Of particular interest is Chu's "tabular recipe notation" which combines the ingredients AND the steps all in one easy-to-read notation that has to be seen to be appreciated. (You can see an example at the bottom of his Halloween Green Slime Spinach Dip recipe. A chef after my own heart.) He's apparently trying to get a patent on this recipe notation, but it's cool, useful, and innovative enough that I won't begrudge him getting it.

Sunday, February 12, 2006

Sacraments 3D Tech Demo 2

Okay, I've just uploaded Sacraments 3D tech demo number two.
Screenshot from tech demo
This version includes these new features:
  • Tweaked camera and motion control
  • More town scenery
  • Nighttime setting, with glowing blacksmith forges
  • Animated Luthien avatar (with slightly awkward animation, still - sorry)
  • Skybox

More work on 3D village

No real geometry creation today, but I did do a lot of tweaking to the geometry and visual style of the buildings.
Two buildings from tileset
Still not sure if I like them better or not, but they at least have more of a consistent feel between them, which can be used for other buildings in the village.

Saturday, February 11, 2006

Saving Sal

There's a great little article over on Laff in the Dark called Saving Sal, which talks about the efforts of the Santa Cruz Beach Boardwalk to acquire, restore, and display the original Laffing Sal animatronic which welcomed visitors to the Playland-At-The-Beach park in San Francisco.

Interestingly, the park paid $50,000 at auction for her, and then invested what must have been a goodly sum to hire experts in animatronics, costume design, and art restoration to return her to her glory condition. I'm impressed that there's a park out there with such a commitment to the historical roots of today's theme park industry as to spend that much for a single artifact. Makes me want to go see it.

Blacksmith Shop

Tonight, I did about half the work on a blacksmith's shop for the town. This is definitely one of the more complex models for the town that I've started.
Blacksmith shop
I should have just made another shop.

Friday, February 10, 2006

Neph to present in Quebec, Gainesville

Looks like it's going to be a busy summer for yours truly. Three different trips firmed up late this week.

First, in March, some of us from NMSU Media Productions will be going to the IGDA Game Developer's Conference in San Jose, which would normally be fun enough, but it will be a working conference for us - we'll be meeting up with some game developers for a grant we're working on here at NMSU, and I'm really looking forward to meeting these guys in person.

Then in May, I'll be presenting two sessions at the 2006 National Extension Technology Conference in Gainesville, Florida. The first session is titled "Pirates" in Production: Developing 3D Educational Games, where I will be showing some of our work on the Pirates-themed educational game we're developing, and talking about various workflow and development issues for educational games. The second session will be Web Application Development using AJAX, wherein I will be showing some basic applications of AJAX and how they might be used to improve the interface for your web applications. I promise not to use the term "Web 2.0," except perhaps sarcastically.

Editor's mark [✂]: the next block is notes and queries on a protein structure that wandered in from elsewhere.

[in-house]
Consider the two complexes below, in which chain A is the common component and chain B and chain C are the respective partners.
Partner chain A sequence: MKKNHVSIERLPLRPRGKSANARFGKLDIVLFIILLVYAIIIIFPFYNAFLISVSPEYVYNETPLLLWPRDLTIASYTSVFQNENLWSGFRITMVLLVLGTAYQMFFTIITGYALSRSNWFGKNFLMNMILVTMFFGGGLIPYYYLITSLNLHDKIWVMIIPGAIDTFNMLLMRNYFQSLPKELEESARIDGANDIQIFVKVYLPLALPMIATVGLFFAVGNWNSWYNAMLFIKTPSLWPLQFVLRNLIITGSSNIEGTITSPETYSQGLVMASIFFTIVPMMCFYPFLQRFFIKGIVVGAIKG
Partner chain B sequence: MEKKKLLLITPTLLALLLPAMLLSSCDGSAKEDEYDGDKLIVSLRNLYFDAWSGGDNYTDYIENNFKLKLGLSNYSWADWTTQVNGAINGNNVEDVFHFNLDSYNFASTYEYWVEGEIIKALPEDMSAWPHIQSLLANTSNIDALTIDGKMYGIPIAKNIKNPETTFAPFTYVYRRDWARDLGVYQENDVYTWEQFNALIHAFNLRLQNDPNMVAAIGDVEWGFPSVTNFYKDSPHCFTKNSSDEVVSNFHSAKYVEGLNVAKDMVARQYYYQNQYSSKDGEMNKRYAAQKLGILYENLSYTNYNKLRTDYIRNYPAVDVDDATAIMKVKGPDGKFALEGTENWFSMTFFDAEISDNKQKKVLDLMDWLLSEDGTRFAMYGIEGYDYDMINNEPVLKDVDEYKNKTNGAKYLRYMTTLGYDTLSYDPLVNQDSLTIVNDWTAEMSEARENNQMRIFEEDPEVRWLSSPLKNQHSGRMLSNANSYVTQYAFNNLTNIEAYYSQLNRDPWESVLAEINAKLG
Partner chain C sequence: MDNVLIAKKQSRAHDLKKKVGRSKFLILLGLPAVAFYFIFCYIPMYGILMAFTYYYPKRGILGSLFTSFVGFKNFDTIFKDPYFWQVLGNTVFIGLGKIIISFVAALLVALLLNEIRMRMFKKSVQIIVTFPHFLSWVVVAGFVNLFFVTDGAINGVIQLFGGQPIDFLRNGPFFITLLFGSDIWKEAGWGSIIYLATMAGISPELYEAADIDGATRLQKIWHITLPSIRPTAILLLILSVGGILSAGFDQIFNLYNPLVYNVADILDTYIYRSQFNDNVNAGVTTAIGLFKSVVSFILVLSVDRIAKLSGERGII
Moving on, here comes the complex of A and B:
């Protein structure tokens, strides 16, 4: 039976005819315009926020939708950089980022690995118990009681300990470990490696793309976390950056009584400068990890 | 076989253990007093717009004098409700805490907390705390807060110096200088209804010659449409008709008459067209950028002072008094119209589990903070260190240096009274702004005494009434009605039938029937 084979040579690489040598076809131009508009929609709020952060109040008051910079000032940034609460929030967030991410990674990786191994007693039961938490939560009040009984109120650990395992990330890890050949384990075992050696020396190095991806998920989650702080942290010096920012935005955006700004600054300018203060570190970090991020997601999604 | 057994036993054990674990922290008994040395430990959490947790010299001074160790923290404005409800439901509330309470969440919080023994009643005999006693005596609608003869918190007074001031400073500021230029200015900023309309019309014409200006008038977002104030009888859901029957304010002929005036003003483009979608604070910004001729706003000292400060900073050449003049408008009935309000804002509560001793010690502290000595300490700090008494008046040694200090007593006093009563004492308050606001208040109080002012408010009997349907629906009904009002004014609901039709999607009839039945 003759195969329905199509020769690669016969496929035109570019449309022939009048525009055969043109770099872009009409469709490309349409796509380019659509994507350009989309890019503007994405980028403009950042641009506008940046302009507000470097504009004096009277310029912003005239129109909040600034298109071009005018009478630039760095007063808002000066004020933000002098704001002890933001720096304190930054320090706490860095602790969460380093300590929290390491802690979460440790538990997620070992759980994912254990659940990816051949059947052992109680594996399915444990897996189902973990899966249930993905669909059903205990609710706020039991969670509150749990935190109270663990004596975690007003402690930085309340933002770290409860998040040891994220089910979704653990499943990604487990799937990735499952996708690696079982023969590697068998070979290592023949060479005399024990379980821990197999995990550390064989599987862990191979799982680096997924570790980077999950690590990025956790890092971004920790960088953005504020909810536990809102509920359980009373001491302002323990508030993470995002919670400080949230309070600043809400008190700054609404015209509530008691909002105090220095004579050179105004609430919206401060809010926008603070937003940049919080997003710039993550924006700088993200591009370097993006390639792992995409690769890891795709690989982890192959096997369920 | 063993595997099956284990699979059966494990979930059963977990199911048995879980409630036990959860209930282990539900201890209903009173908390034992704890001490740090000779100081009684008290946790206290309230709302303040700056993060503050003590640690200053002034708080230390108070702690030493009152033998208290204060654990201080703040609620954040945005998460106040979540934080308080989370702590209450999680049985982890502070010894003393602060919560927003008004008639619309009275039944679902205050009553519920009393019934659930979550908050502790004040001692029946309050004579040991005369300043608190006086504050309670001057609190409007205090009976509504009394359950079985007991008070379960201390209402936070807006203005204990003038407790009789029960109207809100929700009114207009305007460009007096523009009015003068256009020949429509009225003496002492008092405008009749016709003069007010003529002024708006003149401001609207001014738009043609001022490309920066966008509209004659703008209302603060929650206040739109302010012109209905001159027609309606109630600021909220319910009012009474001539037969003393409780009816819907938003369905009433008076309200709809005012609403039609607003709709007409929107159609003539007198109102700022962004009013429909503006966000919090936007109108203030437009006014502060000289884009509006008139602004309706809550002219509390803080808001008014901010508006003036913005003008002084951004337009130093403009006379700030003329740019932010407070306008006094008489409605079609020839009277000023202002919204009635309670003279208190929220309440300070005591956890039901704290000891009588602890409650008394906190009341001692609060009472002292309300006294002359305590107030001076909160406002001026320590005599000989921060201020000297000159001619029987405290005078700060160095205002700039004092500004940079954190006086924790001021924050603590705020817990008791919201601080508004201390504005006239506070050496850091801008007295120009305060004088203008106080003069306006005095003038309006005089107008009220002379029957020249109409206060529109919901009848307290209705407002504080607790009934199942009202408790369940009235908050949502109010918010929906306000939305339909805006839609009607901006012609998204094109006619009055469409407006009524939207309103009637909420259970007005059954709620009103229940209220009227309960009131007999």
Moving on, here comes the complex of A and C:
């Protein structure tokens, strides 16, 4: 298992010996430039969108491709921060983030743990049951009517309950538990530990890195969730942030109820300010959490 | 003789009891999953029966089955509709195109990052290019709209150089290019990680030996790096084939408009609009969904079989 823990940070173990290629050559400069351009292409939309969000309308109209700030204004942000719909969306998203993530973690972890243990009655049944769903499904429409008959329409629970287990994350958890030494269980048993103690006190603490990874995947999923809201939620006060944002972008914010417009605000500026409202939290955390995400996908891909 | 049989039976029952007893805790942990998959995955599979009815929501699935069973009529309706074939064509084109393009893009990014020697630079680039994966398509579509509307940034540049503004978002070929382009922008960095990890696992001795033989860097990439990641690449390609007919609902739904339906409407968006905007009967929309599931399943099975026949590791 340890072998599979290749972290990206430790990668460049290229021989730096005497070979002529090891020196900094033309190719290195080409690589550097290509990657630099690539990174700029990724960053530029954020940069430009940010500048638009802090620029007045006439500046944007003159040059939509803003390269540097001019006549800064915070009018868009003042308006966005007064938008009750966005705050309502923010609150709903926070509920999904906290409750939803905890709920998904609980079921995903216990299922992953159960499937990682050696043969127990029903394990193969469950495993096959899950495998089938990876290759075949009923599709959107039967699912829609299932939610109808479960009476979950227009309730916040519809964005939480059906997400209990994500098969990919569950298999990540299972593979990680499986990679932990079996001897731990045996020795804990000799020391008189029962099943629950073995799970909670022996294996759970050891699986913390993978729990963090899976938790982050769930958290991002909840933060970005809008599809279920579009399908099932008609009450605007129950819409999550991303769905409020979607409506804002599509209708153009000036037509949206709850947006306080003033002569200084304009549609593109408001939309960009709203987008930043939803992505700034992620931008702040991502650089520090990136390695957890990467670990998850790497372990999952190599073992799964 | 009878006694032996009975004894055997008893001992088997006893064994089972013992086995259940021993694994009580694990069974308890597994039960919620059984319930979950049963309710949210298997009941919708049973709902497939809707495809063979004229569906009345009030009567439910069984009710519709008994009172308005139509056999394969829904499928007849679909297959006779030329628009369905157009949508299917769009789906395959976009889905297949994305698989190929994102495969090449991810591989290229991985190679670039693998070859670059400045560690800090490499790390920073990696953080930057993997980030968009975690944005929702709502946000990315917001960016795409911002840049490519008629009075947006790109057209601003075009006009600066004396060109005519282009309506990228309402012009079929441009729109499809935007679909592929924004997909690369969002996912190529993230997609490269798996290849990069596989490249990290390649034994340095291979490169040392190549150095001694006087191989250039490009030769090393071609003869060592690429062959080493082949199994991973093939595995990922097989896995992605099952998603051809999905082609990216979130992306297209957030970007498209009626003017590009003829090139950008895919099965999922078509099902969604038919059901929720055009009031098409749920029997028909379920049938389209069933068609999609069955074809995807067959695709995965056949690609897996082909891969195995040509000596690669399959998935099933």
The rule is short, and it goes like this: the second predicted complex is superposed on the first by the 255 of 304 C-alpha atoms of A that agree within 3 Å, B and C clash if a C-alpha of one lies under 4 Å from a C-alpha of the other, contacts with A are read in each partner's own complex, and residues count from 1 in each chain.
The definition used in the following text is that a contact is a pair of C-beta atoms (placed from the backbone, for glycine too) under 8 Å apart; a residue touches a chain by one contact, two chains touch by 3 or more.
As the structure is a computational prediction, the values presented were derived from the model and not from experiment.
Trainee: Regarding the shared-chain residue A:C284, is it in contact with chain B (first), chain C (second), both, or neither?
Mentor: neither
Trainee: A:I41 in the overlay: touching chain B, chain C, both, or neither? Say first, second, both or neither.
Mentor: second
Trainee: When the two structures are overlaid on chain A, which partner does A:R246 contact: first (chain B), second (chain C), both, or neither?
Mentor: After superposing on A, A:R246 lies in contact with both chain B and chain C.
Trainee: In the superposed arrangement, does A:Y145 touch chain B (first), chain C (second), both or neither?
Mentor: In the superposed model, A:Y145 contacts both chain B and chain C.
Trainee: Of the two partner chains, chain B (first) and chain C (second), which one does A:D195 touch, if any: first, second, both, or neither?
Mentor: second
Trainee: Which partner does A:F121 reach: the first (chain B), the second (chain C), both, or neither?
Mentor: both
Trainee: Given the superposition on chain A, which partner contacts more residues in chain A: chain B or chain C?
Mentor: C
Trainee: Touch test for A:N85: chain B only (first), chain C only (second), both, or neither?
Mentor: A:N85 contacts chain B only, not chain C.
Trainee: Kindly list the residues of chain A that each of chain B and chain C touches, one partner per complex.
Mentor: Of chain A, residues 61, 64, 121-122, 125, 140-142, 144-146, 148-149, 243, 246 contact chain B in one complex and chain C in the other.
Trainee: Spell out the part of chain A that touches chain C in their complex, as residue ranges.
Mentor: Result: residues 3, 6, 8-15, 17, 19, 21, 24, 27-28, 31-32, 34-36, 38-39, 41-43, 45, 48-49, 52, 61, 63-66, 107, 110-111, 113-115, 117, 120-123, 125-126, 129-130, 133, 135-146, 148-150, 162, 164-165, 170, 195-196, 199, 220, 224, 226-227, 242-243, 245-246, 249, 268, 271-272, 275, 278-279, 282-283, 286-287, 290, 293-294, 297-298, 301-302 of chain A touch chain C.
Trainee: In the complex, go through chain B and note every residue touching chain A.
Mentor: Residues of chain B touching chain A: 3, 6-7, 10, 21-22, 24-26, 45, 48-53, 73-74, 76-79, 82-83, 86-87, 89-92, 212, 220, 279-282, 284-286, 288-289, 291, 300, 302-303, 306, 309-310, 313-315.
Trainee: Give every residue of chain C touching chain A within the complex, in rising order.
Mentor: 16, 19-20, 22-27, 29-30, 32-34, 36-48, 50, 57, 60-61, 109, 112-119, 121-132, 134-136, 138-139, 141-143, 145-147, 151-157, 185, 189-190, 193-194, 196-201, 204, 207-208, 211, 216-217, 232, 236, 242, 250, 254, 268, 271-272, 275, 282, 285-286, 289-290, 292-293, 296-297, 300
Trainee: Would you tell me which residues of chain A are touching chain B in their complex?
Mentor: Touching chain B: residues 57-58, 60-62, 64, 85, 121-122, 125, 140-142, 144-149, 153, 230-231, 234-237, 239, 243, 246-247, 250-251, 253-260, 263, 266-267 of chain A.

Then in June, I'm going to be presenting a session called Practical CSS at the 2006 International conference of the Association for Communications Excellence in Quebec City, Quebec, Canada. In that session, I'll be talking a bit about some CSS tips and tricks, but mostly, I'll be talking about higher-level strategies for making sure that CSS isn't just another way to make some text a different font on a page, but also your site more flexible, easier to maintain, and "future proof".

Wow, I'd better get cracking on those sessions...

Surface namespaces in LightWave

Okay, I've been doing some experimenting with textures when going from Lightwave to Shockwave3D, and here are some things I've discovered and some recommendations for avoiding trouble.

It involves name spaces for UV Maps and Textures.

When you export Shockwave3D to Lightwave, it collapses all surfaces with the same name into a single surface. Thus, if we have two objects in a scene that have surfaces with the same name, those surfaces will be forced to look the same. This is good, because it means that no matter how many times we use a texture, it only needs to be put into the Shockwave3D file once.

The down side, though, is if we have conflicting surface names. If you create a model with a surface name of "floor" that is red and I make another one named "floor" that is blue, then when we put them into the same scene, they will both look blue (or red, depending on the order they were loaded in) because there can be only one "floor" surface.